A Delaware County, Pa. school specializing in rehabilitative services for delinquent youngsters that was being sued by a former employee who alleged the school’s failure to accommodate his alcoholism, and subsequent firing of him because of the disease, was a violation of his rights, has been granted summary judgment by a federal judge.
Judge John R. Padova, of the U.S. District Court for the Eastern District of Pennsylvania, granted the Glen Mills School’s motion for summary judgment Nov. 15 in a case initiated by former school employee Roland Kennedy, who worked for Glen Mills for 29 years before his April 2009 firing.
Kennedy, a resident of the State of Delaware, had been fired after pleading guilty to driving under the influence of alcohol. After drinking at a bar one night, Kennedy drove a school van into a parked car. Kennedy had admitted to a supervisor that he had driven the van, which was school property, to a bar to consume alcohol.
Kennedy never mentioned his alcoholism during his termination meeting.
Following his DUI conviction, Kennedy gave up drinking, and participated in a court-ordered program that included attendance at Alcoholics Anonymous meetings and undergoing alcohol tests, which he subsequently passed.
Prior to the DUI incident, Kennedy had never been disciplined by Glen Mills for any reason, and nobody at the school was aware that Kennedy had had a drinking problem.
“Plaintiff was never intoxicated at work at Glen Mills, never brought alcohol onto the Glen Mills campus, and never talked to anyone to Glen Mills about having an alcohol problem,” the judge’s ruling states, citing information found in the complaint, which had been filed in December 2010.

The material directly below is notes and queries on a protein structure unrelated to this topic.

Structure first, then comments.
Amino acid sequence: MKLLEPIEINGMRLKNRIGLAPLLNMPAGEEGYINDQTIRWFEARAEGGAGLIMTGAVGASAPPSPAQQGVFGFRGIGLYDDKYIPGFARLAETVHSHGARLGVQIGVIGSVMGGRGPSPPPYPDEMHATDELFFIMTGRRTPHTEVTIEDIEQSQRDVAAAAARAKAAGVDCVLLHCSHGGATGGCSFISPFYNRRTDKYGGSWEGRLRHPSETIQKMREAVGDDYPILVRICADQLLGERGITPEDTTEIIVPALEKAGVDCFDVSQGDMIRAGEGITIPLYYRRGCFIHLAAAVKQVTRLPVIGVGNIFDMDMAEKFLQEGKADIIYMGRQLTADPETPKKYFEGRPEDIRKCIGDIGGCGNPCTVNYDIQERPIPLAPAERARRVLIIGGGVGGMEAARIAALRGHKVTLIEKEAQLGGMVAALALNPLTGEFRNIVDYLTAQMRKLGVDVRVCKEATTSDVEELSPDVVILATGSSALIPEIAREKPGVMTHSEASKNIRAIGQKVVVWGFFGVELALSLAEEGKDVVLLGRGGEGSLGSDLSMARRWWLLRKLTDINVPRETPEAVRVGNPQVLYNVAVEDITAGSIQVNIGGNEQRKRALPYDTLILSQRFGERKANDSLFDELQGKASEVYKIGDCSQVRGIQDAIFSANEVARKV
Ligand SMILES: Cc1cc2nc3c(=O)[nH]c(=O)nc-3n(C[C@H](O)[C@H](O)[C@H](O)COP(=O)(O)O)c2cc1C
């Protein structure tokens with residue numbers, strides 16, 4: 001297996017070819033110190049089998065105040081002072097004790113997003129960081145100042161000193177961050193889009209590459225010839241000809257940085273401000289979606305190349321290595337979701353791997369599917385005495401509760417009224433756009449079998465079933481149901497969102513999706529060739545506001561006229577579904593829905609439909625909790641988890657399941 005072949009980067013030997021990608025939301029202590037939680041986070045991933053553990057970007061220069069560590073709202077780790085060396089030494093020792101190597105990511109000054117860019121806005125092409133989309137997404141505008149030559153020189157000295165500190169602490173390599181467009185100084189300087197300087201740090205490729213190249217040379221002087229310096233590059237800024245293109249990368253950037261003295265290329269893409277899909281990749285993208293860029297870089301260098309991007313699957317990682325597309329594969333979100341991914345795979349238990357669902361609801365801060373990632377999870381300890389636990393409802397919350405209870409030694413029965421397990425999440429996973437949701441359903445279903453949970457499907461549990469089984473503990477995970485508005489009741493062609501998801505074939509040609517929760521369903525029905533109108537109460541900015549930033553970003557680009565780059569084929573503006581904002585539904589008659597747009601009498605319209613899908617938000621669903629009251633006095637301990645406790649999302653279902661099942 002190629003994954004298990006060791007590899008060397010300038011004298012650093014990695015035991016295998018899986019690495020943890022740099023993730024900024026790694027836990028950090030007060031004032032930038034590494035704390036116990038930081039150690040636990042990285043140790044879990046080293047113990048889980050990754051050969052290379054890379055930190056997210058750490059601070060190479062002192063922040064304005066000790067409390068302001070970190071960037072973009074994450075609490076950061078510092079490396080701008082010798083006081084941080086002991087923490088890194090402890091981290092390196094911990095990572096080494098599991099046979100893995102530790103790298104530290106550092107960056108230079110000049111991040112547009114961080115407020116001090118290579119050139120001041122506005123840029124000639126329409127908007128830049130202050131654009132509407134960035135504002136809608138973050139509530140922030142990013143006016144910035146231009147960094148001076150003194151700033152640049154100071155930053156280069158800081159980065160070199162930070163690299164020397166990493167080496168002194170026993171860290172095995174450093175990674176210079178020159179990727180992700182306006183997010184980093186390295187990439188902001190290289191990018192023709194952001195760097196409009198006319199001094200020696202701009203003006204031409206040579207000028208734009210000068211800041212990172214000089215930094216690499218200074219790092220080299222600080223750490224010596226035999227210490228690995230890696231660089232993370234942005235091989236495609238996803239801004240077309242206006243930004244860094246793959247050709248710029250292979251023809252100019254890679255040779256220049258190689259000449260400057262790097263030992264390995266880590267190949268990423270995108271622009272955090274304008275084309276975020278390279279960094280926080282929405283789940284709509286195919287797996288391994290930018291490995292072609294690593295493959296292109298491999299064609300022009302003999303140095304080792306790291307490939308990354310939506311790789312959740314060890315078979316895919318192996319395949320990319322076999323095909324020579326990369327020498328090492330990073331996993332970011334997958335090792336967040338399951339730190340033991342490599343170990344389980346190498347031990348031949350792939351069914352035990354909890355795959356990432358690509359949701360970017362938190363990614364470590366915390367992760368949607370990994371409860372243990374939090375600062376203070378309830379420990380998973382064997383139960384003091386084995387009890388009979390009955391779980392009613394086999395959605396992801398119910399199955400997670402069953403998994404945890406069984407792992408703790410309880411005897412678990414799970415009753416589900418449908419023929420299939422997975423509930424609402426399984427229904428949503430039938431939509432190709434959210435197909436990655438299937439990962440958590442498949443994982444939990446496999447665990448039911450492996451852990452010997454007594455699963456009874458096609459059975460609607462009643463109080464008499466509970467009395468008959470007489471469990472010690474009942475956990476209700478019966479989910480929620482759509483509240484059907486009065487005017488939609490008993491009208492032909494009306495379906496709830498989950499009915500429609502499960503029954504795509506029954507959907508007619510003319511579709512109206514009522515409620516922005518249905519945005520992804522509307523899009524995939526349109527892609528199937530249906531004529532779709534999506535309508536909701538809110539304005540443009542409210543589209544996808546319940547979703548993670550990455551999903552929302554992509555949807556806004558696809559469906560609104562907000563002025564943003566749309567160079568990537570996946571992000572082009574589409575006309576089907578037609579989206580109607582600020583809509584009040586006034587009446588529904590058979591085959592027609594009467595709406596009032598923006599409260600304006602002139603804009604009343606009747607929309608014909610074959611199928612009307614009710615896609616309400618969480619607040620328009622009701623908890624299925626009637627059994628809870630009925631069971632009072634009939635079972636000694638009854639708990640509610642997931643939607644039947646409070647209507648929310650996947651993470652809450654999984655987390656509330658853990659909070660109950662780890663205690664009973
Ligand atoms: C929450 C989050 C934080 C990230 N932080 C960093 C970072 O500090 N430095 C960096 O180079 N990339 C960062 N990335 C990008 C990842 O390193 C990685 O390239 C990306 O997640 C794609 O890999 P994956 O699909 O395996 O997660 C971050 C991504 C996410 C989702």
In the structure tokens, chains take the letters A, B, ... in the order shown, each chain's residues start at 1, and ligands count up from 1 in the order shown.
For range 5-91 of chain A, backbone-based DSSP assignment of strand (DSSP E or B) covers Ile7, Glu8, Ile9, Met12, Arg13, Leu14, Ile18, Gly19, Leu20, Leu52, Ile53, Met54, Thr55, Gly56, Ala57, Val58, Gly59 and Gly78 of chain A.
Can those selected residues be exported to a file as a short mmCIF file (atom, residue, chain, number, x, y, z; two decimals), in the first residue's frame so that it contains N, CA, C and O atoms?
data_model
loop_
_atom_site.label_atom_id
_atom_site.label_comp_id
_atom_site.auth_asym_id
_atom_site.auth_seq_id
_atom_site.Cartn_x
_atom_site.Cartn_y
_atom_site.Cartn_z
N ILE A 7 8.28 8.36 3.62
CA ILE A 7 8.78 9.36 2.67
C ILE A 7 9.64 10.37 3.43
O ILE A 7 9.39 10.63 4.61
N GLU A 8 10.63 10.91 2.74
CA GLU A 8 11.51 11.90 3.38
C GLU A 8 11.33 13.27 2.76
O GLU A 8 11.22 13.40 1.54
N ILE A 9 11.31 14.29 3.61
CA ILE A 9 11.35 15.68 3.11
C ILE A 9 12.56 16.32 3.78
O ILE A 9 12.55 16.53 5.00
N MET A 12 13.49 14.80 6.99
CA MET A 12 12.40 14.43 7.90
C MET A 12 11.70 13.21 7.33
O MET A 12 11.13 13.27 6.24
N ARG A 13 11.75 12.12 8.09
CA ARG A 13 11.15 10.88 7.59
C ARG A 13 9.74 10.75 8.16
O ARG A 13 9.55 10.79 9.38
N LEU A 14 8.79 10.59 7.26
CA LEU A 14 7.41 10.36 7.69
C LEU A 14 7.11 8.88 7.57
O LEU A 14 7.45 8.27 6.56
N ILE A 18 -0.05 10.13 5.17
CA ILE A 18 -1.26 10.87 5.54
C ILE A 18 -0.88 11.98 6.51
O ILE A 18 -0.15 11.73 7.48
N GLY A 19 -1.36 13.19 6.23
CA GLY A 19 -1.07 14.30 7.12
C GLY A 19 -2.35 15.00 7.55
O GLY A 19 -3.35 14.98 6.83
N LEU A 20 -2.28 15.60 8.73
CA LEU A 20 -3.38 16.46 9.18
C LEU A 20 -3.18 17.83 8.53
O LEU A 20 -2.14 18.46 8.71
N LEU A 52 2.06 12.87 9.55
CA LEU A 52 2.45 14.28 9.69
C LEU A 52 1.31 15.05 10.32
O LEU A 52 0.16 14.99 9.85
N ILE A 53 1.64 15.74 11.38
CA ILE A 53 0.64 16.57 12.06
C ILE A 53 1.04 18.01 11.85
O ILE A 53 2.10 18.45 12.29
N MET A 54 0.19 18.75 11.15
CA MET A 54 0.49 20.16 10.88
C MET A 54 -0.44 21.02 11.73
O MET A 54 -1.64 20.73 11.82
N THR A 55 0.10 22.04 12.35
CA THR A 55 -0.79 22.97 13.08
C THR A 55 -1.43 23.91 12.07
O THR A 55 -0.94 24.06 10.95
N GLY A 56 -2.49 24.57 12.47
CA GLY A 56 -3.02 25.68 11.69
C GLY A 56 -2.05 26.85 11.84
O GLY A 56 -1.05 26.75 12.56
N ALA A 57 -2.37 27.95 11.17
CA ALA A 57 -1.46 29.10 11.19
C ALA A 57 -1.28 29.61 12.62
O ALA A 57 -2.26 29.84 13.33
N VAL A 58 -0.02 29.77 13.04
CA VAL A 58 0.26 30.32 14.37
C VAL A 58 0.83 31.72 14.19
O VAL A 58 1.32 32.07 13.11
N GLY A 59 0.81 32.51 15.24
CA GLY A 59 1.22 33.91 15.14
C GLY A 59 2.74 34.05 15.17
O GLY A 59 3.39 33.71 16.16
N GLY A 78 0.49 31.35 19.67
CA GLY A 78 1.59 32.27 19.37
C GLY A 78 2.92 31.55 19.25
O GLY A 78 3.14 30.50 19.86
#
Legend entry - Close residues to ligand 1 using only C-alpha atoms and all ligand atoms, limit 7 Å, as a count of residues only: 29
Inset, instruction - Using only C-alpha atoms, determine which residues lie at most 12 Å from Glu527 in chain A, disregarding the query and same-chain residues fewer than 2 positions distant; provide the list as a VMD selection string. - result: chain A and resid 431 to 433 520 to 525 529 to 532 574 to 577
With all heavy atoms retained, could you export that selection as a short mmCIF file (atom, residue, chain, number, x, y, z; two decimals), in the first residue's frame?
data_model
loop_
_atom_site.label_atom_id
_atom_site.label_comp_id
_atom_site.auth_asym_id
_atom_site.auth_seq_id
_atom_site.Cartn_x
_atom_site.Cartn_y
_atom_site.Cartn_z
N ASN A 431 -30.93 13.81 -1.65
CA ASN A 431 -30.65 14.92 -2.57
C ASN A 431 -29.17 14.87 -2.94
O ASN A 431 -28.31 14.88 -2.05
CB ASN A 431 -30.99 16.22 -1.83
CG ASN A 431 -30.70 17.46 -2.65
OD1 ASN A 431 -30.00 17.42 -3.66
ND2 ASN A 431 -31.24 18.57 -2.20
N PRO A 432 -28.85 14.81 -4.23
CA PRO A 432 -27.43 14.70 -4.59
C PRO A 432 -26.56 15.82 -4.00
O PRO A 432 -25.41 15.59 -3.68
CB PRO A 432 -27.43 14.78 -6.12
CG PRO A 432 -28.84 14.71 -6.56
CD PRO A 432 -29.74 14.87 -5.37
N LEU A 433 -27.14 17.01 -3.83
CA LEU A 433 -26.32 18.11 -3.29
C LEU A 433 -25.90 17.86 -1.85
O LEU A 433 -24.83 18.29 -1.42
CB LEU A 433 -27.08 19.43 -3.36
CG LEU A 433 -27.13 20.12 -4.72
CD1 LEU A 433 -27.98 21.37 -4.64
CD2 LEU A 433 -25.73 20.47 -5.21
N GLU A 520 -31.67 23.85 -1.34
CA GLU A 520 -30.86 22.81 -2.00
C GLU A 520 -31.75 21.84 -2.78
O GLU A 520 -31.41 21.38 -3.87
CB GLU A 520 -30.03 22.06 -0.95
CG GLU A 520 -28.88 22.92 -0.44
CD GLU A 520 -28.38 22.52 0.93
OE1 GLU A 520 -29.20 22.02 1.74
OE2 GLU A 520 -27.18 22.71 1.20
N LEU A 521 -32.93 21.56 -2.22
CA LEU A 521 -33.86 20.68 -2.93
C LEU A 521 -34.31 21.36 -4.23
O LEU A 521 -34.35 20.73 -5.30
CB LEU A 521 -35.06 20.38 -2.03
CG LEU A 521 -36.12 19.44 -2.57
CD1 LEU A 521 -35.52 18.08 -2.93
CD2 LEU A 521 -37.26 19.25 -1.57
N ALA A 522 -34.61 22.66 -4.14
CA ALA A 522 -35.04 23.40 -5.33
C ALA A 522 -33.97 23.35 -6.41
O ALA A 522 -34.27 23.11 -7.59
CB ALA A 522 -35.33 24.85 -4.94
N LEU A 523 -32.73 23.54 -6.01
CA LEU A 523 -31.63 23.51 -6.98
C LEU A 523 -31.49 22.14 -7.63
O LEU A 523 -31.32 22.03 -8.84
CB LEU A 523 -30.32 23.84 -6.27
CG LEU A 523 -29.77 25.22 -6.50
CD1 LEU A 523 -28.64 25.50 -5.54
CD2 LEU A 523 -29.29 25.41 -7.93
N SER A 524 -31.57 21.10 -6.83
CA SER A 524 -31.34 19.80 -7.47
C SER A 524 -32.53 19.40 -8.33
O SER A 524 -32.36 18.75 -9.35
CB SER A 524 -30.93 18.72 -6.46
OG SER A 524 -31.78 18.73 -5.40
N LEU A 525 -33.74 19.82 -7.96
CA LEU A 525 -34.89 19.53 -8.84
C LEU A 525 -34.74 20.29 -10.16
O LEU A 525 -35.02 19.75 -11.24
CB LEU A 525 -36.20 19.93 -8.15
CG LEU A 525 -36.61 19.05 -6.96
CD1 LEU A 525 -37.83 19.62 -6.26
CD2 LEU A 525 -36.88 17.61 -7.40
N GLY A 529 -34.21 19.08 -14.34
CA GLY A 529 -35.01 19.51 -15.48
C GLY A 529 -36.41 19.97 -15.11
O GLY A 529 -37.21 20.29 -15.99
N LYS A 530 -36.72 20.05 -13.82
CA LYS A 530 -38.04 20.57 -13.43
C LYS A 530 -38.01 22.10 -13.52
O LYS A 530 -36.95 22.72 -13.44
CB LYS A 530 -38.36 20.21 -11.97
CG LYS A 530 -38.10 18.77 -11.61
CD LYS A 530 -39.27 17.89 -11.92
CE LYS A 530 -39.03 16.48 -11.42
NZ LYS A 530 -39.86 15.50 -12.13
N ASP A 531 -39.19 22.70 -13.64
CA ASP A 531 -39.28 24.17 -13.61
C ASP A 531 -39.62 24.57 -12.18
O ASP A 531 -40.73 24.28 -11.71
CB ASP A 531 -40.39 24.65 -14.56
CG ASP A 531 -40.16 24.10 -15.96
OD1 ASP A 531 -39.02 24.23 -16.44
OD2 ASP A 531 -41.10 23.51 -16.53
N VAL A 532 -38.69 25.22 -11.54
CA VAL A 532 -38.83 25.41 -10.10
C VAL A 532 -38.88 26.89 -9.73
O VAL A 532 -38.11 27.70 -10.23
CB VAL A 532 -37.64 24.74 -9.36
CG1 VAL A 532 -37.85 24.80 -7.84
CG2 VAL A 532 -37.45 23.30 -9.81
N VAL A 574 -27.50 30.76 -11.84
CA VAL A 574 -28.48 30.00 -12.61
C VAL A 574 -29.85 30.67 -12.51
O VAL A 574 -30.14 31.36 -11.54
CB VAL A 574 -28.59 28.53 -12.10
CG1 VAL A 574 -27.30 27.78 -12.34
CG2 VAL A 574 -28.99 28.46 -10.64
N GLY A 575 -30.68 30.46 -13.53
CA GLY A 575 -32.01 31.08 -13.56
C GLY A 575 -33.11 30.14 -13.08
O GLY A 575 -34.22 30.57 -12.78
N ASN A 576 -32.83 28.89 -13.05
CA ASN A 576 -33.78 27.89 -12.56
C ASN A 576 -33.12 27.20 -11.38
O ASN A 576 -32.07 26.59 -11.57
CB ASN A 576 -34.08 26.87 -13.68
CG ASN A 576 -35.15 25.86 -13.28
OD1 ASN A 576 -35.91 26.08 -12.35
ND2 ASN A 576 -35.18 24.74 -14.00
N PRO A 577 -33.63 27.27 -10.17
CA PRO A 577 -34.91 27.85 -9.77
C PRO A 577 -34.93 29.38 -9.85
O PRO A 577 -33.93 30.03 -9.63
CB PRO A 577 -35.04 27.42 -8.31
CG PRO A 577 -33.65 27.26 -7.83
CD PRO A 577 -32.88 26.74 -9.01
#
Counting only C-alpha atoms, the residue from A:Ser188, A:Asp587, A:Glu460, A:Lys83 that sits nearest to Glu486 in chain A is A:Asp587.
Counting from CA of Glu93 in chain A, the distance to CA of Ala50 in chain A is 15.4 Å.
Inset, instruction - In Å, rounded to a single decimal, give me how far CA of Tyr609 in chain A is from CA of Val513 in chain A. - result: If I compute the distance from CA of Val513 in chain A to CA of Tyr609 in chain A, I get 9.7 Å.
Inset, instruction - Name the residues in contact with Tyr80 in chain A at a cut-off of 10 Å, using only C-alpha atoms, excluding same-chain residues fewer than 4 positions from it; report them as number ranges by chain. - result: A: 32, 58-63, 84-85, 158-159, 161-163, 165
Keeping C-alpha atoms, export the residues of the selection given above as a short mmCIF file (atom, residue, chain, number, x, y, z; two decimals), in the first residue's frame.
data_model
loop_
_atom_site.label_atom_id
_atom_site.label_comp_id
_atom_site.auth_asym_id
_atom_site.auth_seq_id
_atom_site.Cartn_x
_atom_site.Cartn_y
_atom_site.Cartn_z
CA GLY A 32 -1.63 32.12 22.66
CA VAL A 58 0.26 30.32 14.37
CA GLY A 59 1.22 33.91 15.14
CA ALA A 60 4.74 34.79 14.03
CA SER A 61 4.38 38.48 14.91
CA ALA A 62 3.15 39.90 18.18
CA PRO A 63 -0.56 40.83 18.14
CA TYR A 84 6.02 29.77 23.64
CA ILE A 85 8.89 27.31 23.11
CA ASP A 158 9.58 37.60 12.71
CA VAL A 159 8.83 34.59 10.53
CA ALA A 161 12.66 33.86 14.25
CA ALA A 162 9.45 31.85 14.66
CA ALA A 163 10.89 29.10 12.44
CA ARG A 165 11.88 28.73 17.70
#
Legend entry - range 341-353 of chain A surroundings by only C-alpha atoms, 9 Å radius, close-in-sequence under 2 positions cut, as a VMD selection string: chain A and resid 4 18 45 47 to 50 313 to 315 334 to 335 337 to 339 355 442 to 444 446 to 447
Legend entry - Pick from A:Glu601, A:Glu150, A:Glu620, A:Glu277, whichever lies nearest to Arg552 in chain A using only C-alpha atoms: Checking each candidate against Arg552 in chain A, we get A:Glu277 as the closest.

Nevertheless, Kennedy went on to claim that he was fired specifically because of his alcoholism, an act he alleged was a violation of the Americans with Disabilities Act.
The ruling states that Glen Mills filed an instant motion for summary judgment seeking an entry of judgment in its favor on both claims contained in the complaint, the unlawful termination claim and the claim of failure to accommodate Kennedy’s alcoholism.
Kennedy, however, never filed any response to the motion, according to the ruling.
The judge’s ruling states that in order to succeed on a claim that the plaintiff was fired in violation of the ADA and that the defendant failed to provide him with a reasonable accommodation for his disability, the plaintiff would have the burden of establishing that he was, in fact, disabled as defined by the ADA.
The defendant had argued that it was entitled to summary judgment because there was no record of evidence that Kennedy was disabled as defined by the ADA at the time of his firing.
“The Complaint alleges that Plaintiff suffers from alcoholism, yet Plaintiff has not identified a single life activity that has been limited, substantially or otherwise, due to this condition,” the ruling states. “To the contrary, the evidence is that Plaintiff held down two full time jobs for over a decade prior to the accident and that he was never intoxicated at either job.
“We conclude, accordingly, that there is no evidence on the record before us that Plaintiff had a disability as defined by the ADA,” the ruling continues. “Because Plaintiff has failed to ‘respond with a factual showing sufficient to establish’ at trial that he is disabled under the ADA, we further conclude that Defendant is entitled to the entry of judgment as a matter of law in its favor on both of Plaintiff’s claims.”